# ASTM E3064-16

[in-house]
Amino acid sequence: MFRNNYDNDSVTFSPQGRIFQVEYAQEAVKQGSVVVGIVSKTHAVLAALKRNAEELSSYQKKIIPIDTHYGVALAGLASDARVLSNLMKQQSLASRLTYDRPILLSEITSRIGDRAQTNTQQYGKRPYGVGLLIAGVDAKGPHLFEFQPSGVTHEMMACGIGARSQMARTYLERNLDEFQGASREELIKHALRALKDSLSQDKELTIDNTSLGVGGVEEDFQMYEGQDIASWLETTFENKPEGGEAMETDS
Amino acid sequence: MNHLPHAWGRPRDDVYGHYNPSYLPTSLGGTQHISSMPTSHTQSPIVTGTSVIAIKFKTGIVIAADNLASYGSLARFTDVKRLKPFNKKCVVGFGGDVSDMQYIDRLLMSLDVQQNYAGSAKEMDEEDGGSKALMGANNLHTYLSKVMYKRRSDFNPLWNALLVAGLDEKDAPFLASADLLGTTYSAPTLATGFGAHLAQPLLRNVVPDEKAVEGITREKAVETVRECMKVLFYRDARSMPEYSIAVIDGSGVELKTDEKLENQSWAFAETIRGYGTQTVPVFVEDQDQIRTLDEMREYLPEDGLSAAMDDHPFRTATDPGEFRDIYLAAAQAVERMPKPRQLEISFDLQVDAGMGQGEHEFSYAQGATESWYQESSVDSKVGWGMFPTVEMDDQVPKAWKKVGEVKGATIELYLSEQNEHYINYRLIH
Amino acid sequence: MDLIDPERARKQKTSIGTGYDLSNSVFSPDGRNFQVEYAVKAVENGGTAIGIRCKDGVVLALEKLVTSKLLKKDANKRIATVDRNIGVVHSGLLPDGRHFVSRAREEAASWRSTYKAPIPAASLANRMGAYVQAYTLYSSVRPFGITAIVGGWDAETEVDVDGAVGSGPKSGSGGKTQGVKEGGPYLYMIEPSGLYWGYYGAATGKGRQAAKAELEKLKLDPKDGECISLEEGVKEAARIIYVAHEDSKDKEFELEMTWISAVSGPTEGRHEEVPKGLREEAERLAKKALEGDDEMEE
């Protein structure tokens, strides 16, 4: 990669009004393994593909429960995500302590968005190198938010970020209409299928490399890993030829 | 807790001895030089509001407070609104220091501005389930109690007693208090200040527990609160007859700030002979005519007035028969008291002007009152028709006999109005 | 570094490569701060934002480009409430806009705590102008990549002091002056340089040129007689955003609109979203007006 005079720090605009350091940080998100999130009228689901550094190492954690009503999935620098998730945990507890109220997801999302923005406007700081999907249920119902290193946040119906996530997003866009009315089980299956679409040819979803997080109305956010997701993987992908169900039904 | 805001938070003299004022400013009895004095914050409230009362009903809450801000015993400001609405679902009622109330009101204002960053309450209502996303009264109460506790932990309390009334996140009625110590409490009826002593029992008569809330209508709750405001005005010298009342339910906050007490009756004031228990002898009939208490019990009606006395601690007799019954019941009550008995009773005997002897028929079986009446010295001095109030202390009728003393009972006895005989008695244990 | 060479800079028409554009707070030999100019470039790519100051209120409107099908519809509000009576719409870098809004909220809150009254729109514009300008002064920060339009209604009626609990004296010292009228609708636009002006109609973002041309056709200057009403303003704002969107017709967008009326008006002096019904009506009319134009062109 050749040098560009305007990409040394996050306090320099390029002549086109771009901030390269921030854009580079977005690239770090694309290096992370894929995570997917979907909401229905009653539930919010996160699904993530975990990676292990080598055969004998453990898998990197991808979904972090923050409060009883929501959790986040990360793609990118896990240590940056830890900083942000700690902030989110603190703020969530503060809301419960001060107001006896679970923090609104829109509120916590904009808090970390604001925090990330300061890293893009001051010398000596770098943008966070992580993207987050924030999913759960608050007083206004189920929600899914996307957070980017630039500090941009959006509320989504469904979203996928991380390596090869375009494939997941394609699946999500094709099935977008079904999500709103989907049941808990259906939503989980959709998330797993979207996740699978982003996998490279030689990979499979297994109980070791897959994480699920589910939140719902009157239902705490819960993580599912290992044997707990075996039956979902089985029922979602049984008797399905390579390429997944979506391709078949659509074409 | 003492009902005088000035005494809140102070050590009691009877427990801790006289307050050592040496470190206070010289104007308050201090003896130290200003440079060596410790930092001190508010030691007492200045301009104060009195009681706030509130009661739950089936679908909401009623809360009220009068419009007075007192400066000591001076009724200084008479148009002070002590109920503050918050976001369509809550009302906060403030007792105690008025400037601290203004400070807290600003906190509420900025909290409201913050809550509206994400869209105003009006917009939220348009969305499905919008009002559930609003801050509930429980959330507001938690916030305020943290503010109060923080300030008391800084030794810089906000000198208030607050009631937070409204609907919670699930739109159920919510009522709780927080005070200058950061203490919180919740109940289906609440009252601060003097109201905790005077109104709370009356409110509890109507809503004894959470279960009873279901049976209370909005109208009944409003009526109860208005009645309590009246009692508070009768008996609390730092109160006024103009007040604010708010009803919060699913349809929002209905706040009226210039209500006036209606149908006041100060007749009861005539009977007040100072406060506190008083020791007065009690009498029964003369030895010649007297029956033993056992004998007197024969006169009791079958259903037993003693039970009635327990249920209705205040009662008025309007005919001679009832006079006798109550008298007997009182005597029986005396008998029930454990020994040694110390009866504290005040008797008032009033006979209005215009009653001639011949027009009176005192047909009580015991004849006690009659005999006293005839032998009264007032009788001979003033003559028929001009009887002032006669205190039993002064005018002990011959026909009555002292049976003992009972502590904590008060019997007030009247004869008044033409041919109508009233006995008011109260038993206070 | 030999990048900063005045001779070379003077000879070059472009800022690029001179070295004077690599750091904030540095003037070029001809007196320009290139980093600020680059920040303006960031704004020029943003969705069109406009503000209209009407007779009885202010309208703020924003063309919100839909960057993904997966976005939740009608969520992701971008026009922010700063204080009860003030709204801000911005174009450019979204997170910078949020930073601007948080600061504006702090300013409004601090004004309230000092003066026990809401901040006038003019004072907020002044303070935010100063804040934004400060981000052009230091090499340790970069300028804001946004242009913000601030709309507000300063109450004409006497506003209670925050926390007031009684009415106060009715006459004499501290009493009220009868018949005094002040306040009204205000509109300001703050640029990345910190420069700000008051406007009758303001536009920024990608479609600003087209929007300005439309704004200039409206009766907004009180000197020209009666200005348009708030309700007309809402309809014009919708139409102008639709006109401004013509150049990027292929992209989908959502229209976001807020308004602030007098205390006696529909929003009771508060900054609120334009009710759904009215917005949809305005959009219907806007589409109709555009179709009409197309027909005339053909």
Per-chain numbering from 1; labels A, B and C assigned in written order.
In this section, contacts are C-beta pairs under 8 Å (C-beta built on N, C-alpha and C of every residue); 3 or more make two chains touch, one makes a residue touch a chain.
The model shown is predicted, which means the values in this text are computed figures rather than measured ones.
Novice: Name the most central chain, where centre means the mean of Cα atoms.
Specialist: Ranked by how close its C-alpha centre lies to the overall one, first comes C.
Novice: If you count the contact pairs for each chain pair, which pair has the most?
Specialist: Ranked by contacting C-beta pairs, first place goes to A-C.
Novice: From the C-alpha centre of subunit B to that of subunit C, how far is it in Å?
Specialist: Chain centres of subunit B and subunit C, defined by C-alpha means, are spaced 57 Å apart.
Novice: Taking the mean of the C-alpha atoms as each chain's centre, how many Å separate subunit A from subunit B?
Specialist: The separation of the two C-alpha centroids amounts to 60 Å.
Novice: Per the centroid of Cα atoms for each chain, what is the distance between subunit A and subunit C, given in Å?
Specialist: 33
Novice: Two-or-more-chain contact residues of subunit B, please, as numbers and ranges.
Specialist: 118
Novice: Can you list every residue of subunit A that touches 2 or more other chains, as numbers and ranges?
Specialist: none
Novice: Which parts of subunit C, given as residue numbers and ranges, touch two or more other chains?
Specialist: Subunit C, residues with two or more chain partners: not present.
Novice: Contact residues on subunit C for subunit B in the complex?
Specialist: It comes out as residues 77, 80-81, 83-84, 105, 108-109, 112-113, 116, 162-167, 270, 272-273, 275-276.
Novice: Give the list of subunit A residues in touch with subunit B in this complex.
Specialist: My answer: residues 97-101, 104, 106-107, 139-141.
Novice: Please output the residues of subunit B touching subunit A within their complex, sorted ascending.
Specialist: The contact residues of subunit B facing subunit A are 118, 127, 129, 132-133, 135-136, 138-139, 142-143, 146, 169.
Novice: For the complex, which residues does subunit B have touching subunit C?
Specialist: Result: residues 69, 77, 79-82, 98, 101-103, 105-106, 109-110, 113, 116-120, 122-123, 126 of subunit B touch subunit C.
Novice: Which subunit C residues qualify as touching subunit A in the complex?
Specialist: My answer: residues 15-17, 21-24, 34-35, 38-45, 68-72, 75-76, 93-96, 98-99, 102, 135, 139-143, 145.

Designation: E3064 − 16Standard Test Method forEvaluating the Performance of Optical Tracking Systemsthat Measure Six Degrees of Freedom (6DOF) Pose1This standard is issued under the fixed designation E3064; the number immediately following the designation indicates the year oforiginal adoption or, in the case of revision, the year of last revision. A number in parentheses indicates the year of last reapproval. Asuperscript epsilon (´) indicates an editorial change since the last revision or reapproval.1. Scope1.1 Purpose—This test method presents metrics and proce-dures for measuring, analyzing, and reporting the relative poseerror of optical tracking systems that compute the pose (that is,position and orientation) of a rigid object while the object ismoving.1.2 Usage—System vendors may use this test method todetermine the performance of their Six Degrees of Freedom (6DOF) optical tracking system which measures pose. This testmethod also provides a uniform way to report the measurementerrors and measurement capability of the system. System usersmay use this test method to verify that the system’s perfor-mance is within the user’s specific requirements and within thesystem’s rated performance.1.3 Test Location—The procedures defined in this standardshall be performed in a facility in which the environmentalconditions are within the optical tracking system’s ratedconditions.1.4 Test Volume—This standard shall be used for testing anoptical tracking system working volumes of 3000 mm long by2000 mm wide by 2000 mm high, 6000 mm long by 4000 mmwide by 2000 mm high, or 12 000 mm long by 8000 mm wideby 2000 mm high.1.5 Units—The values stated in SI units are to be regardedas standard. No other units of measurement are included in thisstandard.1.6 This standard does not purport to address all of thesafety concerns, if any, associated with its use. It is theresponsibility of the user of this standard to establish appro-priate safety and health practices and determine the applica-bility of regulatory limitations prior to use.2. Referenced Documents2.1 ASTM Standards:2E2919 Test Method for Evaluating the Performance ofSystems that Measure Static, Six Degrees of Freedom(6DOF), PoseE177 Practice for Use of the Terms Precision and Bias inASTM Test Methods2.2 ASME Standard:3B89.4.19 Performance Evaluation of Laser-Based SphericalCoordinate Measurement Systems2.3 ISO/IEC Standards:4ISO/IEC Guide 99:2007 International Vocabulary ofMetrology—Basic and General Concepts and AssociatedTerms (VIM: 2007)ISO/IEC Guide 98–3:2008 Uncertainty of measurement—Part 3: Guide to the expression of uncertainty in measure-ment (GUM: 1995)IEC 60050-300:2001 International Electro technicalVocabulary—Electrical and electronic measurements andmeasuring instrumentsJCGM 200:2012 International Vocabulary of Metrology Ba-sic and General Concepts and Associated Terms (VIM),3rd edition3. Terminology3.1 Definitions:3.1.1 degrees of freedom, DOF, n—any of the minimumnumber of translation or rotation components required tospecify completely the pose of a rigid object. E29193.1.1.1 Discussion—1This test method is under the jurisdiction of ASTM Committee E57 on 3DImaging Systems and is the direct responsibility of Subcommittee E57.02 on TestMethods.Current edition approved June 1, 2016. Published June 2016. DOI: 10.1520/E3064-162For referenced ASTM standards, visit the ASTM website, www.astm.org, orcontact ASTM Customer Service at service@astm.org. For Annual Book of ASTMStandards volume information, refer to the standard’s Document Summary page onthe ASTM website.3Available from American Society of Mechanical Engineers (ASME), ASMEInternational Headquarters, Two Park Ave., New York, NY 10016-5990, http://www.asme.org.4Available from American National Standards Institute (ANSI), 25 W. 43rd St.,4th Floor, New York, NY 10036, http://www.ansi.org.Copyright © ASTM International, 100 Barr Harbor Drive, PO Box C700, West Conshohocken, PA 19428-2959. United States1(1) In a 3D space, a rigid object can have at most 6DOF,three translations and three rotations.(2) The term “degree of freedom” is also used with regardto statistical testing. It will be clear from the context in whichit is used whether the term relates to a statistical test or therotation/translation aspect of the object.3.1.2 measurement error, error of measurement, and error,n—measured quantity value minus a reference quantity value.(JCGM 200:2012)3.1.3 metrology bar, n—a rod of a known length havingmarkers (active or passive) attached to both ends and used toestimate the errors of an optical tracking system.3.1.4 optical tracking system, n—a tracking system that usesmeasurements obtained from camera images.3.1.5 pose, n—a 6DOF vector whose components representthe position and orientation of a rigid object with respect to acoordinate frame. E29193.1.6 precision, n—the closeness of agreement betweenindependent test results obtained under stipulated conditions.E1773.1.7 rated conditions, n—manufacturer-specified limits onenvironmental, utility, and other conditions within which themanufacturer’s performance specifications are guaranteed atthe time of installation of the instrument. ASME B89.4.193.1.8 reference system, n—a measurement instrument orsystem used to generate a reference value or quantity. E29193.1.9 relative pose, n—change of an object’s pose betweentwo poses measured in the same coordinate frame. E29193.1.10 repeatability, n—precision under repeatabilityconditions. E1773.1.11 repeatability conditions, n—conditions where inde-pendent test results are obtained with the same method onidentical test items in the same laboratory by the same operatorusing the same equipment within short intervals of time. E1773.1.12 tracking system, n—a system that is used for mea-suring the pose of moving objects and supplies the data as atimely ordered sequence.3.1.13 work volume, n—a physical space, or region within aphysical space, that defines the bounds within which a rigidobject tracking system is acquiring data. E29194. Summary of Test Method4.1 This test method provides a set of statistically basedperformance metrics and a test procedure to quantitativelyevaluate the performance of an optical tracking system.4.2 The measurement errors include the positional andorientation error components. Specifically, the test proceduremeasures the relative pose between two marker sets rigidlyattached to the opposing ends of a fixed-length metrology baras shown in Fig. 1. The relative pose is then decomposed intopositional and angular components. Measurement errors arecalculated from the positional and angular components as theartifact is moved about the work volume.5. Significance and Use5.1 Optical tracking systems are used in a wide range offields including: video gaming, filming, neuroscience,biomechanics, flight/medical/industrial training, simulation,robotics, and automotive applications.5.2 This standard provides a common set of metrics and atest procedure for evaluating the performance of opticaltracking systems and may help to drive improvements andinnovations of optical tracking systems.5.3 Potential users often have difficulty comparing opticaltracking systems because of the lack of standard performancemetrics and test methods, and therefore must rely on the claimsof a vendor regarding the system’s performance, capabilities,and suitability for a particular application. This standard makesit possible for a user to assess and compare the performance ofcandidate optical tracking systems, and allows the user todetermine if the measured performance results are within thespecifications with regard to the application requirements.6. Apparatus6.1 Artifact:6.1.1 A 300 mm long bar with markers rigidly attached toeach end of the metrology bar shall be used as the 6DOFartifact. The bar shall have stiffness and thermal expansioncharacteristics such that the deflection is less than or equal to0.01 mm. For example, the metrology bar shown in Fig. 2satisfies these requirements.6.1.2 A constant relative 6DOF pose is formed between thetwo clusters of markers located at the ends of the metrologybar. All markers shall be contained within hemisphericalvolumes with a maximum radius of 100 mm from the ends ofthe bar (see Fig. 1). Examples of metrology bars that can beused to evaluate optical tracking systems are shown in Fig. 2(Ref (1))5.5The boldface numbers in parentheses refer to a list of references at the end ofthis standard.FIG. 1 Drawing of the artifact showing critical dimensions of thebar length and the maximum hemispherical volume inside whichthe markers can be placed.E3064 − 1627. Measurement Procedure7.1 Introduction:7.1.1 This section describes the basic procedure for deter-mining the pose measurement error of an optical trackingsystem.7.2 Pose Measurement:7.2.1 The X and Y axes are aligned with the work volume inthe horizontal plane as shown in Fig. 3, and Z is aligned withthe vertical axis. Move the metrology bar throughout the workvolume along two regular patterns: (X pattern) parallel, straightline segments back-and-forth along the X axis with the pathsseparated by at most, the metrology bar length as shown in Fig.3 (a) and (Y pattern) parallel, straight line segments back-and-forth along the Y axis with the paths separated by at most, themetrology bar length as shown in Fig. 3 (b). The distancebetween the boundary lines and the limits of the work volumeshall be at most, one-half of the metrology bar length. Thecenter of the metrology bar shall traverse the X patternfollowed by the Y pattern with artifact orientation #1 as shownin Fig. 3 (c) in a continuous smooth motion.This traversal shallbe repeated two more times, once with artifact orientation #2and once with artifact orientation #3. The data from all threetraversals shall be combined into a single data set.7.2.2 The metrology bar paths and orientations shall bechosen as described in 7.2.1. The height of the centroid of themetrology bar shall remain approximately 1000 mm above thebottom of the test volume.FIG. 2 Examples of artifacts for evaluating optical tracking systems having a 300 mm long metrology bar (a) with six passive, reflectivemarkers, within 100 mm radius from the bar end, on each end, and (b) with a reduced pose ambiguity cuboctahedron, Ref (1), within100 mm radius from the bar end, on each end.FIG. 3 The (a) X pattern and (b) Y pattern are combined to make a single path along which the metrology bar is moved throughout thework volume. (c) Artifact (shown with axes on bar center) orientations with respect to the path: 1) perpendicular to the path segmentsin the plane of motion, 2) perpendicular to the path segments and normal to the plane of motion, and 3) in-line with the path segmentsin the plane of motion.NOTE 1—Example artifact shown in (a) and (b) is oriented with respect to the path as in 1) perpendicular to the path segments in the plane of motion.E3064 − 1637.2.3 The centroid of the metrology bar shall be moved at arelatively constant walking speed of 1200 6 700 mm/s.8. Pose Measurement Error8.1 This section describes methods for computing posemeasurement errors of an optical tracking system (OTS) usingthe artifact. For each instance of time t, the optical trackingsystem measures the pose of an object as:OTSHˆObject~t! 5FOTSRˆObject~t!0OTSTˆObject~t!1G(1)Here,OTSRˆObject~t! isa3×3matrix describing the orientationof the object andOTSTˆObject~t! is a 3-dimensional vector de-scribing the position of the object in the optical tracking sys-tem coordinate frame. In our artifact, two objects are consid-ered corresponding to the left and right ends of themetrology bar. The optical tracking system measures theposes of the left and right ends, and the corresponding4×4matrices are defined respectively as:OTSHˆLeft~t! 5FRˆLeft~t!0TˆLeft~t!1Gand(2)OTSHˆRight~t! 5FRˆRight~t!0TˆRight~t!1GBecause the bar is rigid, the relative pose between the leftobject and the right object is constant in time (see Fig. 4)and can be defined as:LeftHˆRight~t! 5OTSHˆLeft21OTSHˆRight5FRˆLeft~t!0TˆLeft~t!1G21FRˆRight~t!0TˆRight~t!1G5FRˆ~t!0Tˆ~t!1G(3)The angle of rotation is calculated as:θˆ~t! 5 2* asin ~=qˆx2~t!1qˆy2~t!1qˆz2~t!! (4)Here, (qˆw(t),qˆx(t),qˆy(t),qˆz(t))Tis the unit quaternion represen-tation of Rˆ~t!, Ref (2), where qˆw~t! is the scalar componentof the quaternion.8.1.1 A reference system measurement is used to measurethe relative pose between two groups of markers.The referencesystem measurement shall have an uncertainty that is at leastten times smaller than the uncertainty of the optical trackingsystem under test. The relative pose between the left object andright object at the ends of the metrology bar is measured by thereference system measurement as:LeftHRight5FR0T1G5FI0T1G(5)The coordinate frames associated with the right and left endsof the bar are rotationally aligned using the reference sys-tem. Where R=I, and I is the identity matrix.8.1.2 The following sections describe two methods forevaluating the optical tracking system. In 8.2, measurementsare taken relative to the measured relative pose of a testartifact, which is measured by a more accurate system, and in8.3 the measurements are taken relative to the mean value ofthe collected data.8.2 Error Statistics using a Reference System:8.2.1 This section describes the computation of system errorstatistics relative to a precisely characterized test artifact, suchas the one described in Section 6.8.2.2 The relative measured poseLeftHˆRight~t! (see Eq 3)attime t can be compared to the reference system measured poseLeftHRight(see Eq 5). Specifically, the positional error at time tcan be calculated as:ep~t!5 ǁTˆ~t!ǁ22 ǁTǁ2(6)and the orientation error at time t can be calculated as:eo~t!5 θˆ~t! 2 0 5 θˆ~t! (7)where θˆ~t! is calculated using Eq 4 and ǁǁ2denotes the2-norm of the vector.8.2.3 The statistics on these errors include: the root meansquare error, the maximum error, and the percentile error. Theroot mean square error is calculated as:Root Mean Square Error 5 Œ1N(t51Net2(8)The maximum of the errors is defined as:emax5 max~?e1?,?e2?,.?eN?! (9)Here, etis the (positional or orientation) error at time t, andN is the number of data samples collected.8.2.4 A method for estimating the percentile error of a dataset is described in Ref (3). For a series of errors {|e1|,|e2|,.,|eN|}, a new ordered set {E1, E2, ., EN} is constructed wherethe errors are ordered by increasing value. The percentile errorof the data can be estimated from N measurements as follows:for the pth percentile, setp100~N 1 1! equal to k+d for k,aninteger, and d, a fraction greater than or equal to 0 and less than1. The estimated error percentile E(p) is defined as follows:E~p! 5HEk1d~Ek112 Ek! 0,k,NE1, k 5 0EN, k $ N(10)In this standard, E(99.7), E(95) and E(50) shall be reported.8.3 Repeatability without Reference System Measurement:8.3.1 This section describes the computation of systemrepeatability statistics using a test artifact not meas